The first portion of my summer was spent (apart from swim lessons) figuring out how I could take this crazy trip I had in mind. I wanted to go to NY to visit family and see the lake and I wanted to go to Chicago and see Smith's sister & brother-in-law. I wanted to see my Aunt & Uncle in Philly.
I spent a lot of time going through lots of options, flying here, driving there, flying over there and back... I even went through a long spell of planning on driving the whole way (Mississippi! Graceland! Kentucky?) I would stop and see just about everyone I knew between here and there too! It was going to take a lot of time. Smith, unfortunately couldn't join us for the trip due to work (for which we are always thankful) so it was going to be just me and the boys and a lot of driving.
Despite numerous people saying "Oh! How exciting!" the more common reply was "Oh! How crazy!"
I brushed aside the comments and kept planning. I didn't see reason until a series of gentle prodding questions from Sinda came up. Questions like:
"How many hours a day do you plan to drive?"
"So how long do you think it will take?"
"How old is your youngest again? Will he do well for that long in a car, day after day?"
"How do you plan on keeping them amused if a dvd player is out of the question?"
"How do you feel being the sole driver AND the sole parent for this entire trip?"
so. Plan #4,021 was hatched instead: I would take the train to Chicago. Then I would rent a car and drive off to see my various relatives in NY & PA and then drive back to Chicago. Then I could museum visit and frolic before flying home, courtesy of ye olde Uncle Tommy's airline (we could get buddy passes and fly standby for free!) Now I was getting excited.
The morning I had been planning for what felt like months had finally arrived. We boarded our train in Austin, just behind the YMCA and set off, spying MOPAC out our window as we traveled North. We passed the school and thought of the number of times we've been on the other side, watching the train and hearing it roar past. We were now part of that roar. It's exciting.
Here is Jbird happily playing a game as our day gets underway.
The route from Austin to Chicago via Amtrak is 28+ HOURS, give or take. I have friends who were 24 hours LATE after a similar trip. So, I smartly booked us a sleeper car that would accommodate a family. We had more than ample room. It was on the bottom floor of the train car (each having 2 floors) and our berth was the width of the train; allowing a view out windows on both sides of the train. We had benches, seats and fold-down beds with ladders. The bathroom was a few steps down the hall and what you might expect on an airplane. The kids could stretch and wrestle and rest and read, build forts and play Cat Warriors until their hearts content, without bothering a soul but me. This was the only portion of our trip that I was able to read anything from the 2 books I brought. [The Learners by Chip Kidd. The Girl With The Dragon Tattoo.]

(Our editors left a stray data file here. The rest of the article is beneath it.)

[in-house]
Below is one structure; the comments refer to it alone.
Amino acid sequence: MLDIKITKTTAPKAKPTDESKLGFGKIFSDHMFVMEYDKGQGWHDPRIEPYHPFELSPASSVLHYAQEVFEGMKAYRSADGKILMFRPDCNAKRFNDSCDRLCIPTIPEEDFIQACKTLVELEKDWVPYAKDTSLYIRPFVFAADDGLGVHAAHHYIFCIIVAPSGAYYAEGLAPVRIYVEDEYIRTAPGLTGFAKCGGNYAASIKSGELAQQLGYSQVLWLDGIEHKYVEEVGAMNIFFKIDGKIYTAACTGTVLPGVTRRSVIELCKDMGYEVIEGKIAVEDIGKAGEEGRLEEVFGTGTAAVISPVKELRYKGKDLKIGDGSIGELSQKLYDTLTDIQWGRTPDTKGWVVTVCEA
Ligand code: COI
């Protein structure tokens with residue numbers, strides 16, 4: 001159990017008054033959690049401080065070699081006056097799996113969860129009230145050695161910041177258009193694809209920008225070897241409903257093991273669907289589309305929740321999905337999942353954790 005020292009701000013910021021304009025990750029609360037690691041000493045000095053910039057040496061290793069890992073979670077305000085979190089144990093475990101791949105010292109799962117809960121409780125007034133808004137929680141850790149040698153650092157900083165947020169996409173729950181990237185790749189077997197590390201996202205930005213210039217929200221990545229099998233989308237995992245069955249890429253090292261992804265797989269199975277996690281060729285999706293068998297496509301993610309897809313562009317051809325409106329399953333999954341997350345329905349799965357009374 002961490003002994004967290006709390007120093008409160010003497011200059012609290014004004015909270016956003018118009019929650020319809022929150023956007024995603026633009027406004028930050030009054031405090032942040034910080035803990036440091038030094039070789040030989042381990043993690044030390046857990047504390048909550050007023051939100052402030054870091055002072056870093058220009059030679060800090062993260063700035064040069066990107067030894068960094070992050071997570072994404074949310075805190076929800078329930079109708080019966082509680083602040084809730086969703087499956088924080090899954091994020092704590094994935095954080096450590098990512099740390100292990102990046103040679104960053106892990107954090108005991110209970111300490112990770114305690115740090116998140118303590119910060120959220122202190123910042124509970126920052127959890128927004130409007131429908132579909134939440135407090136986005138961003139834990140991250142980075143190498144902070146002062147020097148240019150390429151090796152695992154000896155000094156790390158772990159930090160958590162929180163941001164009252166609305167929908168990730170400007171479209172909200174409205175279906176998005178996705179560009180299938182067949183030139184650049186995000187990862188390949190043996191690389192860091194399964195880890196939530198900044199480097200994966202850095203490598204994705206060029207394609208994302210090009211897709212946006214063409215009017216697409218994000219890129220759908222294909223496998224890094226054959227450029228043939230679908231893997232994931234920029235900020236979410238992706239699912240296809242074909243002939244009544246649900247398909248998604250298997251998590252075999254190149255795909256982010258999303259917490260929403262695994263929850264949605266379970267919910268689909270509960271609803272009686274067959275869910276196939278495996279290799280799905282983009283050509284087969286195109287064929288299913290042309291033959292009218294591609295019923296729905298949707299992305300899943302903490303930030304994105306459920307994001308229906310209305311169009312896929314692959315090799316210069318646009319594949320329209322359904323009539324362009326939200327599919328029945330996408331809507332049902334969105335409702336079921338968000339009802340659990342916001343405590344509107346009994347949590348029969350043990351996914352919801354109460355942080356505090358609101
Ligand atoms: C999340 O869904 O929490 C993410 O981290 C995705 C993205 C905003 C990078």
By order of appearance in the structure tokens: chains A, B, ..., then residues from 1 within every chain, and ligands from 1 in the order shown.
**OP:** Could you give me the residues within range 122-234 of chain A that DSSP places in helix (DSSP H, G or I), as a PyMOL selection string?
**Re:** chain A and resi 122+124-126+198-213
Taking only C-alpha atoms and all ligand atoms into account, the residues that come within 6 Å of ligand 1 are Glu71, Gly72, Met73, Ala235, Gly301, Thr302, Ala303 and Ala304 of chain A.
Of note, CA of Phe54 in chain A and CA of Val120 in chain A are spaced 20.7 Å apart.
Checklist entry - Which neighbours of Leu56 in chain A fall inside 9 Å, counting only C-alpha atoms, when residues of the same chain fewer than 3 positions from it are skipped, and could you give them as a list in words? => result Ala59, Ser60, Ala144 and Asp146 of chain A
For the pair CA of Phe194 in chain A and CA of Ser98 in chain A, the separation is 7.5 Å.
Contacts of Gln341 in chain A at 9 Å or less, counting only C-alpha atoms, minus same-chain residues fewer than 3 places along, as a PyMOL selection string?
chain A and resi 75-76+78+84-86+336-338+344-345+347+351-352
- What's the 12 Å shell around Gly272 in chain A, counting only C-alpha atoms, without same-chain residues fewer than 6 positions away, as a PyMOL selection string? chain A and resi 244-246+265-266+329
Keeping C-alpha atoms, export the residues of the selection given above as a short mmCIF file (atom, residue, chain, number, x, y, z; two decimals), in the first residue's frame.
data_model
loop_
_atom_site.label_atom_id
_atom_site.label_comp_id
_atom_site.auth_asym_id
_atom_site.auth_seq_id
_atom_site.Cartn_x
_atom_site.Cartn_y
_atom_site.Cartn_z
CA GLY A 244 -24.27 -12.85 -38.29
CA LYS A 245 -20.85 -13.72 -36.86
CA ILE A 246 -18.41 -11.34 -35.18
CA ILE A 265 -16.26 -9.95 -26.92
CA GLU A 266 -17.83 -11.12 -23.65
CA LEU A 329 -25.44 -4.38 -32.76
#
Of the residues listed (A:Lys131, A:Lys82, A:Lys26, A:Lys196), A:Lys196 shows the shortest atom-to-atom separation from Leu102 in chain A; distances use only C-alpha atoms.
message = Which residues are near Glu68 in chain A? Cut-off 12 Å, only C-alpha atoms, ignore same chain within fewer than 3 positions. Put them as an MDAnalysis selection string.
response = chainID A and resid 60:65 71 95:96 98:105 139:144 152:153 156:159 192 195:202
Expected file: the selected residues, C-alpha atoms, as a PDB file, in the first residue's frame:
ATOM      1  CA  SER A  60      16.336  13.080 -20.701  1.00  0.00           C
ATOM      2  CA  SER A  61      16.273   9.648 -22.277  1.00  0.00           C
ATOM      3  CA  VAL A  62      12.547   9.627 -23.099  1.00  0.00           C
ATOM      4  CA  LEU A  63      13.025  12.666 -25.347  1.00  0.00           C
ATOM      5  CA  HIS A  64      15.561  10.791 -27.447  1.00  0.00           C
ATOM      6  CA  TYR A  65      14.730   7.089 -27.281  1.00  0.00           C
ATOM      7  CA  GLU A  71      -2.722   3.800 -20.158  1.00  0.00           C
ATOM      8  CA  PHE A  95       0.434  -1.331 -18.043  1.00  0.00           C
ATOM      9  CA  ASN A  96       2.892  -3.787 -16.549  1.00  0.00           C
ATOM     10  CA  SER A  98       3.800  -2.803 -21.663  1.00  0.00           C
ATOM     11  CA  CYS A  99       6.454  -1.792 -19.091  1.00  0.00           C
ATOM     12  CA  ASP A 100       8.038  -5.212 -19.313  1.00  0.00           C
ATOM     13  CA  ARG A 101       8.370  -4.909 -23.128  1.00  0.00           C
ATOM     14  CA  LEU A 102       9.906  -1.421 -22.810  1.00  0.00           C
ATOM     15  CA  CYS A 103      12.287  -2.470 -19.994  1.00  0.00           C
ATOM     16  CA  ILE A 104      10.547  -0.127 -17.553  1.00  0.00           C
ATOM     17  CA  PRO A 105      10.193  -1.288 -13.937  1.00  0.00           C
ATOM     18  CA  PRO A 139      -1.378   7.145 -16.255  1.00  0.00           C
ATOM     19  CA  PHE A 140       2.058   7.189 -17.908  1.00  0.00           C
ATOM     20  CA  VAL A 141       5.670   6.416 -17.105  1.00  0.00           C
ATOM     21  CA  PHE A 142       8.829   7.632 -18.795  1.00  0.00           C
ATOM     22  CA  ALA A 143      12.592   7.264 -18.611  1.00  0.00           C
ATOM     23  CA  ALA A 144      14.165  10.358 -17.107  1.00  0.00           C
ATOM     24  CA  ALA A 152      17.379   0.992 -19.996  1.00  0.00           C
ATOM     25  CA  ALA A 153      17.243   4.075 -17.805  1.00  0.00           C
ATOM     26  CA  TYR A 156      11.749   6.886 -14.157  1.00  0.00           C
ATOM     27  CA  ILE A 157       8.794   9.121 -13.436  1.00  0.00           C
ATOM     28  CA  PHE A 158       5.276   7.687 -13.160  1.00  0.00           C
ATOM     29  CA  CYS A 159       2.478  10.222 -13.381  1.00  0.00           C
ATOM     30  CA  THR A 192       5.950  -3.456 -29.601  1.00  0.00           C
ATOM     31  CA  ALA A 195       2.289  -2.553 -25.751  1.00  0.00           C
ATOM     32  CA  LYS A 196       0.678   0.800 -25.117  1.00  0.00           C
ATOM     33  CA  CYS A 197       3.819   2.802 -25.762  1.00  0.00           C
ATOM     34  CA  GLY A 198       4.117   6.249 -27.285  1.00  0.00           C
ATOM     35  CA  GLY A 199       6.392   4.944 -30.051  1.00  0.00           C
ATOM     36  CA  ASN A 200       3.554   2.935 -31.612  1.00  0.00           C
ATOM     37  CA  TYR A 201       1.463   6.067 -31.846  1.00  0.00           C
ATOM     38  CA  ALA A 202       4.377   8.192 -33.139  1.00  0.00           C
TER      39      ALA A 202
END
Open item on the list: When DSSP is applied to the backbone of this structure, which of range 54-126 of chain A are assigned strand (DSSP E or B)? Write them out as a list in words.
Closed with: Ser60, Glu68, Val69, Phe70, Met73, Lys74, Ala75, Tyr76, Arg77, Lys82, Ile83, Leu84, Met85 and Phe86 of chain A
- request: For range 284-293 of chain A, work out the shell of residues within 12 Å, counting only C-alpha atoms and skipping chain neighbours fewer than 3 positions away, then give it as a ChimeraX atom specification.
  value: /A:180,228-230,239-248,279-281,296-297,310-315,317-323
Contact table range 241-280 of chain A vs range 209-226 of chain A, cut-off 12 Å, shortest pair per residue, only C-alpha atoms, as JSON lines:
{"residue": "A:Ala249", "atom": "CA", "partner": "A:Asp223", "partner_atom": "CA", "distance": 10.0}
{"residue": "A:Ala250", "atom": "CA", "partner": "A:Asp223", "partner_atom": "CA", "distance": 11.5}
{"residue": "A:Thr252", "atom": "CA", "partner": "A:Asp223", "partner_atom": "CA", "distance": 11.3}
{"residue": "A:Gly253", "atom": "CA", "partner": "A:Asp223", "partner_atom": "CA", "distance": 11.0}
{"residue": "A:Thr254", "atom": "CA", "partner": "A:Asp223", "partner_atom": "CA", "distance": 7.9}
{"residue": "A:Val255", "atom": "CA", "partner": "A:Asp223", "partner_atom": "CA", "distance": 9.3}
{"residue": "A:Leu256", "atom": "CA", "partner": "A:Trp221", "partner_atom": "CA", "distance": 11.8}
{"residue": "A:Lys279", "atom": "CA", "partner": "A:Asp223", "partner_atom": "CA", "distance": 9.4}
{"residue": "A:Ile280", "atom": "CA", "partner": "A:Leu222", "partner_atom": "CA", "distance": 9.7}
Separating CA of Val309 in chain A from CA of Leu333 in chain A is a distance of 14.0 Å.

We spend the entire day traveling through Texas. It was after we pulled up the blankets and turned out the light that we heard the conductor announce the next stop: Texarkana. The view out the window for the entire day pretty much looked like this:
Here was a tiny bit of excitement, a Pullman train!
Our other bit of excitement was when J locked himself in the bathroom and couldn't work the handle to unlock it to come out. There was some sadness on his side of the door and lots of calm, comforting words from my side. The porter was very quick to free my little bird, who then hugged me and promptly ran down the train and locked me out of our berth. Thankfully the older child saw reason and let me in, without bribery.
When we woke up the next morning, we were rewarded with this gorgeous view:
St. Louis by morning... ah. We totally missed Arkansas. Sorry ya'll. Next time.
Overall the train was a very pleasant way to travel. Sometimes when I take a plane trip it all feels very surreal. I step into a small metal tube and take off to land, well, it could be anywhere. Then I get off and have an adventure for awhile, then I step back onto that metal tube and I come home. I can't help but wonder "did that adventure really happen?"
I did experience some small moments of isolation too, although that was more due to my travel companions than the train. In the dining car they would seat you as space allowed, one would often share tables with strangers. I could hear many around me strike up conversations about where they were coming from and where they were going and the usual small talk. Because we were a party of 3, we were seated by ourselves, with just ourselves to make small talk. By dinner time, I was eyeballing some wine...
The train itself was clean, comfortable and safe. The people were friendly and there was no rush. The food offerings, in that special dining car, were varied enough to please a small array of tastes. But by the end of the trip the one menu for a breakfast, a lunch, a dinner, another breakfast, and another lunch, was worn out. They also ran out of some dishes and if you had the spinach salad yesterday, you may not be gung ho for it being your only option today. Here was Nbear at our last meal.
We were soon as happy as this little guy though in Chicago.
Our train was early, but the bags took forever. An easy drive to Aunt Alex's and we were sitting on her porch looking at the trees and I was drinking a grown-up drink and making small talk with other grown-ups. The cicadas were LOUD and the night was clear and cool.